Reflection: Tasty Apple Sorting - Section 2: Whole Group Activity


This is an activity that used to be an apple foods graph in my classroom, just like kindergarten classrooms all over the country.  It was really fun turning it into a sorting activity, and the added labeling with numbers for each group provided great review and practice.  I don't mind steering away from old traditions and lots of graphing in kindergarten at all, but I think my focus on the structure of the activity and my desire to make it a meaningful sorting activity allowed for some of my pet peeves to surface.

I teach at a school on a modified calendar--some people call it "year round" school--and this week is our "intersession" week, during which students who need remediation (or whose families need child care) can get extra practice with concepts we've covered in the first quarter.  With students coming from all four kindergarten classes, I have students  who are fairly unfamiliar to me, as they typically have other kindergarten teachers.  Since the focus of the classes are remedial, we invite or "recruit" some of the highest academic and behavioral need students, as well.  This week, 33 kindergartners arrived Monday morning, and management and crowd control became a focus.

The "bandwagon effect" of having 13 kiddos select apple juice as their favorite surfaced because we announced our taste selections in front of the whole group.  If I had the teaching "manpower," I would've had assistants and myself go to each student individually (and quietly) to ask about his or her selection and write a small note on the back of the student's apple.  With 33 buddies and just one helper, that was not a possibility, so we all gathered together to sort our favorite tastes.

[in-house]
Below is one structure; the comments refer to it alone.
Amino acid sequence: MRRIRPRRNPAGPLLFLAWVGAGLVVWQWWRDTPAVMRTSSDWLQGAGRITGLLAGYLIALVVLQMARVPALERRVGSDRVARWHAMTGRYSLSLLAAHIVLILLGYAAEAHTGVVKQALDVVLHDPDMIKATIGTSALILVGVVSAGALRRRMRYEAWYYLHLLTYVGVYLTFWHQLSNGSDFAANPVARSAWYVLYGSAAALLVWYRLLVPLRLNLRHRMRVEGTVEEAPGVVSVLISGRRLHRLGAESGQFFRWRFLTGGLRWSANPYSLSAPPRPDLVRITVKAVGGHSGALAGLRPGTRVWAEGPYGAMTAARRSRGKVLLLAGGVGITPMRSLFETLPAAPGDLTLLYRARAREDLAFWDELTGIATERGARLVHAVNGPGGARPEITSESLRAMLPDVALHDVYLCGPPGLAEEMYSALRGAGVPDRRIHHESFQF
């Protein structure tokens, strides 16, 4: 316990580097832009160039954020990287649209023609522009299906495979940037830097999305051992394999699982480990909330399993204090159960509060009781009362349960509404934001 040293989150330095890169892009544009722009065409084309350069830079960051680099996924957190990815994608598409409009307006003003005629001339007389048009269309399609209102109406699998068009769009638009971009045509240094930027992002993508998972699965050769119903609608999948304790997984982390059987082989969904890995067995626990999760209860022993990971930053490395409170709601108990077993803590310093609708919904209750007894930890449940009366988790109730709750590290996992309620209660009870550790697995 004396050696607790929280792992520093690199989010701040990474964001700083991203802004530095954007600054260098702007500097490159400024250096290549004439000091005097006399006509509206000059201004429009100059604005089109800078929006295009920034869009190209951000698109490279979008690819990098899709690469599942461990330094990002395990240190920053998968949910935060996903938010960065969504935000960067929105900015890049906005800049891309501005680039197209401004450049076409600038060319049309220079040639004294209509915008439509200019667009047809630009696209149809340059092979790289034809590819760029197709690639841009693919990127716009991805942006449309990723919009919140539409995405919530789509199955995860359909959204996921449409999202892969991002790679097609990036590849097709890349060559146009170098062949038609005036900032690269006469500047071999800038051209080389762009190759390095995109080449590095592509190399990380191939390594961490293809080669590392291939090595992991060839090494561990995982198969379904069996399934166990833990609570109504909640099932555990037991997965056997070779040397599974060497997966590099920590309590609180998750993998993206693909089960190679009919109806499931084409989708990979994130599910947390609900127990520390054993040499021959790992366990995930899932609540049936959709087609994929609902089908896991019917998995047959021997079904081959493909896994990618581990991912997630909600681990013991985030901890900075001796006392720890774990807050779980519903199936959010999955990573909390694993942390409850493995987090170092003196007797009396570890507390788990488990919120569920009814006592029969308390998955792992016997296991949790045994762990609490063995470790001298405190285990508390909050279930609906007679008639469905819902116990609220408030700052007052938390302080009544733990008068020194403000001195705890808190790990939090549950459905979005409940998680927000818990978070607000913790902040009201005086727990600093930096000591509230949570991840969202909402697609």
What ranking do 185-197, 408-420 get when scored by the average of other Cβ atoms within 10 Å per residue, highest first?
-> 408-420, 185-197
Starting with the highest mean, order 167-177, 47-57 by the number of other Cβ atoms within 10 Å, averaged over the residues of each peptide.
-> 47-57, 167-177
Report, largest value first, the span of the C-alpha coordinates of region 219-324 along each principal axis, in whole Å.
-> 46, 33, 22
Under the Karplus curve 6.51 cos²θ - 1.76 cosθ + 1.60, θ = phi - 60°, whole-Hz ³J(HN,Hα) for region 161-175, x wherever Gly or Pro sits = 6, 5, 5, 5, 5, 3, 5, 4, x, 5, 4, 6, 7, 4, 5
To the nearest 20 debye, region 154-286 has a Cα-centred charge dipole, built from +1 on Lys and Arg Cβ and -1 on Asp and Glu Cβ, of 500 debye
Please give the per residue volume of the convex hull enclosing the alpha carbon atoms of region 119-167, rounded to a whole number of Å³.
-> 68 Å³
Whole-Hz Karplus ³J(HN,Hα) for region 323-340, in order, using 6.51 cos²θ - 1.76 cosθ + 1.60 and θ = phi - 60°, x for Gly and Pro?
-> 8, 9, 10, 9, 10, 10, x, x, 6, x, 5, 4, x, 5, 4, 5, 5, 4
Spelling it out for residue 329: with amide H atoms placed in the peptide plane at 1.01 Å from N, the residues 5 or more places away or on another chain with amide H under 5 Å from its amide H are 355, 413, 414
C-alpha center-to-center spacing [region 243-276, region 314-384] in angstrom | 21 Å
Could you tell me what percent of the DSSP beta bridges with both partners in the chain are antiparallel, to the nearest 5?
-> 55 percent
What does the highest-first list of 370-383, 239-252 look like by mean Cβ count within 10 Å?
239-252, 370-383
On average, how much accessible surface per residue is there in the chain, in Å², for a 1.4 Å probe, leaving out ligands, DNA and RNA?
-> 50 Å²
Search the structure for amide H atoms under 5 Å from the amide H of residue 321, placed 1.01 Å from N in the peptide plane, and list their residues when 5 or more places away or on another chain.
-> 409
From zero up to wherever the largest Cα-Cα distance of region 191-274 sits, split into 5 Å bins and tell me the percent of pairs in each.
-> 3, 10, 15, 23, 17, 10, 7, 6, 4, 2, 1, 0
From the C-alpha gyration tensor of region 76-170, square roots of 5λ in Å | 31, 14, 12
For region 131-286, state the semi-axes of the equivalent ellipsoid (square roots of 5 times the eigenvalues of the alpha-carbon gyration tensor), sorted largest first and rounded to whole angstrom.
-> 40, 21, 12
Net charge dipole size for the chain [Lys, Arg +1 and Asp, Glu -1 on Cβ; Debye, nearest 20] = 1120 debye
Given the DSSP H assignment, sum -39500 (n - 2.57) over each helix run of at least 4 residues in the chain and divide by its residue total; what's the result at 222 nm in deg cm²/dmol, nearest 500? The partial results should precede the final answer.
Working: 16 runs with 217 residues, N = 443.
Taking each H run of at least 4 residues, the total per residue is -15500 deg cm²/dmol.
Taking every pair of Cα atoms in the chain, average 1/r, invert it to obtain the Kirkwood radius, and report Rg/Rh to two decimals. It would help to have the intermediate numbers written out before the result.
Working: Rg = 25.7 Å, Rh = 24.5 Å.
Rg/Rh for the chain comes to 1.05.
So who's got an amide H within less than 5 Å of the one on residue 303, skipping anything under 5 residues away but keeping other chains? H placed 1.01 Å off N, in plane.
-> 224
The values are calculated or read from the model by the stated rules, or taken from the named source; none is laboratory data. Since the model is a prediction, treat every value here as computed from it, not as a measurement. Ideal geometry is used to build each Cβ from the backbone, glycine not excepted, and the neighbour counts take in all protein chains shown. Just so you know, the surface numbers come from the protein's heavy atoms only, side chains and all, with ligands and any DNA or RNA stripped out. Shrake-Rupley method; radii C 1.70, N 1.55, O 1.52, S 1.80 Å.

The activity really was fun and the students were all engaged.  I was having fun as well, but the 13 apple juices secretly bothered me because the K.MD.3 standard cautions us to keep the group numbers below 10.  I felt as if I was somehow promoting a sort of kindergarten peer pressure... and missing an opportunity to practice our numbers below 10!

All in all, the kids had a fantastic time practicing sorting, quantities, and numerals.  We can do former graphing activities and align them to Common Core!

  The Bandwagon Effect
  The Bandwagon Effect
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Tasty Apple Sorting

Unit 6: Sorting is Super!
Lesson 6 of 8

Objective: SWBAT determine a favorite way to eat apples and then represent his or her preference in a whole-class sorting activity.

Big Idea: In the past, we made apple tasting graphs. Since graphing isn't big in terms of Kindergarten Common Core, this is a great way to update an old tradition with a CCSS-aligned activity!

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